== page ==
Laws passed in 2014 have changed the consequences for domestic violence, even when no arrest is made. “Domestic violence is defined as intentional infliction of physical pain, injury or illness or an act that may cause another person to fear imminent danger of those things.” Under the Wisconsin statute 968.075, a law enforcement officer shall arrest and take a person into custody if: “The officer has a reasonable basis for believing that continued domestic abuse against the alleged victim is likely.”
Generally, this is presumed to be a mandatory arrest law, but the decision to enforce this law is left to the police. Local police departments have a great deal of latitude within the mandatory arrest law. The officer may decide not to make an arrest, but that does not mean that the incident will be forgotten.
What are the effects of a domestic violence report?
Gov. Scott Walker signed a new provision to the mandatory arrest law in 2014, requiring the district attorney to make a report to the Wisconsin Department of Justice when law enforcement responds to domestic violence calls without making arrests. Prosecutors may use these reports of a suspect’s misconduct from the past 10 years as evidence in another domestic violence case. Even if the suspect was not convicted or even charged with a crime, this evidence could be presented in domestic abuse cases.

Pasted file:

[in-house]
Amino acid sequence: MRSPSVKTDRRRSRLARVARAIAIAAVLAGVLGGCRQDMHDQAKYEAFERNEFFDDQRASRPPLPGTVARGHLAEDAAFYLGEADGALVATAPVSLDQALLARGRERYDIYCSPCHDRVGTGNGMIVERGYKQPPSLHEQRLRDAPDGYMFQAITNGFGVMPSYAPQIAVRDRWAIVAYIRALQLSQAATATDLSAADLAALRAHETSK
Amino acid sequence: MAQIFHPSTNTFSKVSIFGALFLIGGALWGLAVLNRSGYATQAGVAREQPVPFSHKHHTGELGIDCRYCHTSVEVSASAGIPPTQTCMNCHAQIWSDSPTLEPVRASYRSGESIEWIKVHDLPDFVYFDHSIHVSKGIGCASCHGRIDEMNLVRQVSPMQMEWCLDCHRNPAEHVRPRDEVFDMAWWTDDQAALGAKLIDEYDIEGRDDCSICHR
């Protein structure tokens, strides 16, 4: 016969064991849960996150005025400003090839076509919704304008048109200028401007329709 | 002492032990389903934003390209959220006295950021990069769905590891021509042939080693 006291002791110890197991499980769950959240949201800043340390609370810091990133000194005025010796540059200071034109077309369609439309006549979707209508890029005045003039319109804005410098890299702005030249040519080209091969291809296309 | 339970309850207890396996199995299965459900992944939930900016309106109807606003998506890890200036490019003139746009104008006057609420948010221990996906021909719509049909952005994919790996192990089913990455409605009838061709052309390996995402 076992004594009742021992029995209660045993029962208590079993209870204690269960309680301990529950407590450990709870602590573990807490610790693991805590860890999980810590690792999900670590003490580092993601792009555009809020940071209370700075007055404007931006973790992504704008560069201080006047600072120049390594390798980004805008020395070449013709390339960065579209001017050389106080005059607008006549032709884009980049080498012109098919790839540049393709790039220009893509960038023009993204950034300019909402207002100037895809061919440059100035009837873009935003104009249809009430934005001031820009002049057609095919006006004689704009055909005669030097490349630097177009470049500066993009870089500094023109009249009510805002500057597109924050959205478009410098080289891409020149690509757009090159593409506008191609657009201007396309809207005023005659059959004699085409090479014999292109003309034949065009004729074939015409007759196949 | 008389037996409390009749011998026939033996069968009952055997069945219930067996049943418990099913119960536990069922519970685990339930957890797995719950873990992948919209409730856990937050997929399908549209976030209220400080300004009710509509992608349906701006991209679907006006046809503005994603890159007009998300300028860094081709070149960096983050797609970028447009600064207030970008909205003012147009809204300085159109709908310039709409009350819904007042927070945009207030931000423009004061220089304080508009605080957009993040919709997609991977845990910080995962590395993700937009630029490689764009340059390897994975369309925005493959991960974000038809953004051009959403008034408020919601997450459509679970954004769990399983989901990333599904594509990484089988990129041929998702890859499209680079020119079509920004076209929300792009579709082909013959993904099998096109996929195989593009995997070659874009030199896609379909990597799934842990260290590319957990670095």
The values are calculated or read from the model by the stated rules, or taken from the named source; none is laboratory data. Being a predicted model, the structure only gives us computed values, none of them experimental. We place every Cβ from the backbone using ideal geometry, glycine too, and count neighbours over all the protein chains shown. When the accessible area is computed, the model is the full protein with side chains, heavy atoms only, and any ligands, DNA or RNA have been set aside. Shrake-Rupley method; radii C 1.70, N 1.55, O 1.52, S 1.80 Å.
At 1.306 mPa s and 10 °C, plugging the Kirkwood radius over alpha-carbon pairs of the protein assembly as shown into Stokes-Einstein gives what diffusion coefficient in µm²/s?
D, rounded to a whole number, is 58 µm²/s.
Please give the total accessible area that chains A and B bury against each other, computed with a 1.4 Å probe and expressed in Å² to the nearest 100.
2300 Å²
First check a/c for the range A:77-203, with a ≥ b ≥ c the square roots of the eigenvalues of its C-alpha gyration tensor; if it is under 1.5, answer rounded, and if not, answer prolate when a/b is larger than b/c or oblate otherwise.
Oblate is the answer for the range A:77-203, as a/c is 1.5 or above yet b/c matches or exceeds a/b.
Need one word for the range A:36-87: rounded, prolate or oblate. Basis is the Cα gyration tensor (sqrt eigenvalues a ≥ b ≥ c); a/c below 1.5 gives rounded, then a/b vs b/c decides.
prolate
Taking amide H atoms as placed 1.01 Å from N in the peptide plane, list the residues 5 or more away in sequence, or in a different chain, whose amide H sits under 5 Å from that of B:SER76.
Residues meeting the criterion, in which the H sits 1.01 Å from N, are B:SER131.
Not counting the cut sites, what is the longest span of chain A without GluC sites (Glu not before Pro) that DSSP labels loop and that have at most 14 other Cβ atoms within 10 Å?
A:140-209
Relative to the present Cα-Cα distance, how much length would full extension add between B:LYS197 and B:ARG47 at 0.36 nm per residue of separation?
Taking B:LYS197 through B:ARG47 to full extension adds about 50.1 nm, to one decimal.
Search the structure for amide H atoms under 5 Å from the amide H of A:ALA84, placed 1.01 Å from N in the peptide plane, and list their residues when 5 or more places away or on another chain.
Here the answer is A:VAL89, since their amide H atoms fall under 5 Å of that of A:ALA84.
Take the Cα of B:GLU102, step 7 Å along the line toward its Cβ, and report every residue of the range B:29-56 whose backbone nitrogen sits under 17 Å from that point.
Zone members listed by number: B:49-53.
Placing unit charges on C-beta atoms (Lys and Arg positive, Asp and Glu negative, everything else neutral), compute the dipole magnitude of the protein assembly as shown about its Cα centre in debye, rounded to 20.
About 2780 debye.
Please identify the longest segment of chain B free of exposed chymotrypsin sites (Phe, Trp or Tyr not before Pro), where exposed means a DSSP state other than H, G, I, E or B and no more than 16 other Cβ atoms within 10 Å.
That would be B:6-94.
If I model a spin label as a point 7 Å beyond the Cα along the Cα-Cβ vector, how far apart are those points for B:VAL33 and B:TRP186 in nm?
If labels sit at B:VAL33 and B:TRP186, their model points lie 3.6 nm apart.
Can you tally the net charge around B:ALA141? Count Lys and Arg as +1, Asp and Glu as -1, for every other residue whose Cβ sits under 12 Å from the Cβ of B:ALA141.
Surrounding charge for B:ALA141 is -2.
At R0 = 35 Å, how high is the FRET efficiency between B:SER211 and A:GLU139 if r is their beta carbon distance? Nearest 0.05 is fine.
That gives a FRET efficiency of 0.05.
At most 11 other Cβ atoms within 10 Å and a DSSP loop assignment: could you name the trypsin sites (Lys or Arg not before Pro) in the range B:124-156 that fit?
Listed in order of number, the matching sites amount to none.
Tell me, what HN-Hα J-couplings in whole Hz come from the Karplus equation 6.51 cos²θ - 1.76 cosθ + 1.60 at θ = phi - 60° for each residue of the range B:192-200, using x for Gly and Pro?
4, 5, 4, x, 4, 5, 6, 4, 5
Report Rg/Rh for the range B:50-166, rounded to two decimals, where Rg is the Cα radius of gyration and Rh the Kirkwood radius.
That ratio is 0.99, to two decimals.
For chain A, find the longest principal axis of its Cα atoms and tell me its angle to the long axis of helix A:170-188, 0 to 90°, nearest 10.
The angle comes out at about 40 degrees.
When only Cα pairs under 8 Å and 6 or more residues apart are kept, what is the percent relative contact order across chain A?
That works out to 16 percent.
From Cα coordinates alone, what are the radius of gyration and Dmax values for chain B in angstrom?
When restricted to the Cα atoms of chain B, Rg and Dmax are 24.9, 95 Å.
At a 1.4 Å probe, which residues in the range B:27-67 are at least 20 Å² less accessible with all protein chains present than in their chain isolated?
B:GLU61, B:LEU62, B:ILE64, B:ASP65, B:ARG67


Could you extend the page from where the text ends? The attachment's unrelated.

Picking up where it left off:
Another law which changed in 2014 requires persons under a restraining order or injunction of domestic violence to surrender their weapons. They must complete a firearm possession form and appear before the court, and at that point, it is highly likely that they will be forced to surrender their weapons. Under federal law, with a domestic violence conviction a person may forfeit his or her Second Amendment rights of owning a firearm.
People who are arrested for domestic violence face severe consequences. For 72 hours following the arrest, if they do get out of jail, they are not allowed to contact the victim and must stay away from the victim’s residence. In Wisconsin, crimes of domestic violence have special rules and procedures which could affect them for many years. A person in this situation needs an attorney to provide counsel about the situation and how the prosecutor and assigned judge are likely to treat the case.
Domestic violence is a serious offense
The laws surrounding domestic violence have made allegations of abuse more serious than ever before. It is imperative that someone who is facing charges of domestic violence is able to protect his or her rights in the situation. It will take a strong defense to make sure the best possible solution is achieved in the case.